United Airlines has announced it will start fuelling its planes with poop-based biofuel this year, and in doing so will become the first commercial airline in the world to actively move away from regular jet fuel. 

In the next few months, the plane will fly a regular load of passengers from Los Angeles International Airport to San Francisco using 30 percent biofuel produced from farm animal waste and fats. In the weeks following, it will repeat the journey four or five times to test the efficiency. 

These poop-fuelled flights aren't just a simple publicity stunt - they're an attempt by United Airlines to head off the stricter limits on carbon emissions that the Obama administration proposed for the aviation industry this month. According to Had Mouawad and Diane Cardwell at The New York Times, the United Nation's International Civil Aviation Organisation is also working on its own negotiations to limit carbon pollution by early next year. 

In response, a handful of commercial airlines have announced investments in biofuel manufacturers, with United Airlines announcing this week that it's handing over $30 million to one of the world's largest producers, Fulcrum BioEnergy.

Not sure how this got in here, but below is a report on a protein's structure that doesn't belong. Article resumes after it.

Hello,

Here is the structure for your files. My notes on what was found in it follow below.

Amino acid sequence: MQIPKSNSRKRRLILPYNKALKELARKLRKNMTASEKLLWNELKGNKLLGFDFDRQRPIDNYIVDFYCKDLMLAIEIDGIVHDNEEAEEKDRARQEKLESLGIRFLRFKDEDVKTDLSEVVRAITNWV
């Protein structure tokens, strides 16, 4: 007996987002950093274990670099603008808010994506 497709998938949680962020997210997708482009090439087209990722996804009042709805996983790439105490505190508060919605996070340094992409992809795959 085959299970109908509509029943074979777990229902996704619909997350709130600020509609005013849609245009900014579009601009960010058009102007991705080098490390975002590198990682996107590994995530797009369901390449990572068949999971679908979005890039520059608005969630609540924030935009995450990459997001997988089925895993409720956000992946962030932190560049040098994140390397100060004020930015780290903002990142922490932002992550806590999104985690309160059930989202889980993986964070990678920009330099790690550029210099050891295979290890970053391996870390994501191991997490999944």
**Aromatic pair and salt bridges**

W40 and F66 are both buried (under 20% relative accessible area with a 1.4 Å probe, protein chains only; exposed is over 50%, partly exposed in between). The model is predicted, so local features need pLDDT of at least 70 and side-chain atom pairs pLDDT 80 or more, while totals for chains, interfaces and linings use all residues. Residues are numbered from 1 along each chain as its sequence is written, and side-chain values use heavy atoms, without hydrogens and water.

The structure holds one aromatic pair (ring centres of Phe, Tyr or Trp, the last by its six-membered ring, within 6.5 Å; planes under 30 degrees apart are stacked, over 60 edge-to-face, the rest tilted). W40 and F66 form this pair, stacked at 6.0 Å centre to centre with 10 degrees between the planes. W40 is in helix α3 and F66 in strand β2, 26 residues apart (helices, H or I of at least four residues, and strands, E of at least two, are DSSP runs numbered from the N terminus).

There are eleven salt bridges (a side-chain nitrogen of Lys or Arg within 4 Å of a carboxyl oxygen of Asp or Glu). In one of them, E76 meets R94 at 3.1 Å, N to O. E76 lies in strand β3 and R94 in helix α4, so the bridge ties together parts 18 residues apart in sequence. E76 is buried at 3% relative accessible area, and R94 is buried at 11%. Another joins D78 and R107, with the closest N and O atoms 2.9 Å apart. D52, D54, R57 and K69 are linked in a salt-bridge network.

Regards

"We know alternative fuels is an emerging industry that is vital to the future of aviation and this is just one of our initiatives to help make these fuels saleable and scalable," United's executive vice president, Brett Hart, said in a statement to the press. "Investing in alternative fuels is not only good for the environment, it's a smart move for our company, as biofuels have the potential to hedge against future oil price volatility and carbon regulations."

While this will contribute to a mere fraction of the airline's annual fuel requirements - Mouawad and Cardwell report that in 2014, its fleet used up 3.9 billion gallons of jet fuel, worth $11.6 billion - it's the most substantial investment by a major commercial airline ever. The plan is to gradually introduce biofuels into its entire fleet, and presumably work at increasing that 30 percent portion. US-based Alaska Airlines and Southwest Airlines and the Hong Kong-based Cathay Pacific have pledged smaller amounts to secure their own biofuel supply.

"Fulcrum said its technology can cut an airline's carbon emissions by 80 percent compared with traditional jet fuel," The New York Times reports, adding that representatives at Fulcrum have quoted prices at "a lot less than" $1 a gallon, which makes it half as expensive as regular jet fuel. 

We're excited to see how this goes. Just as Georgetown in Texas is switching to 100 percent renewable energy because it can't afford not to, and Hawaii is doing the same in an effort to stop buying and importing expensive fuels, it doesn't matter if the reason behind United's move towards sustainability is more about being forced to than altruism. What matters is it's actually happening, and that's good enough for us.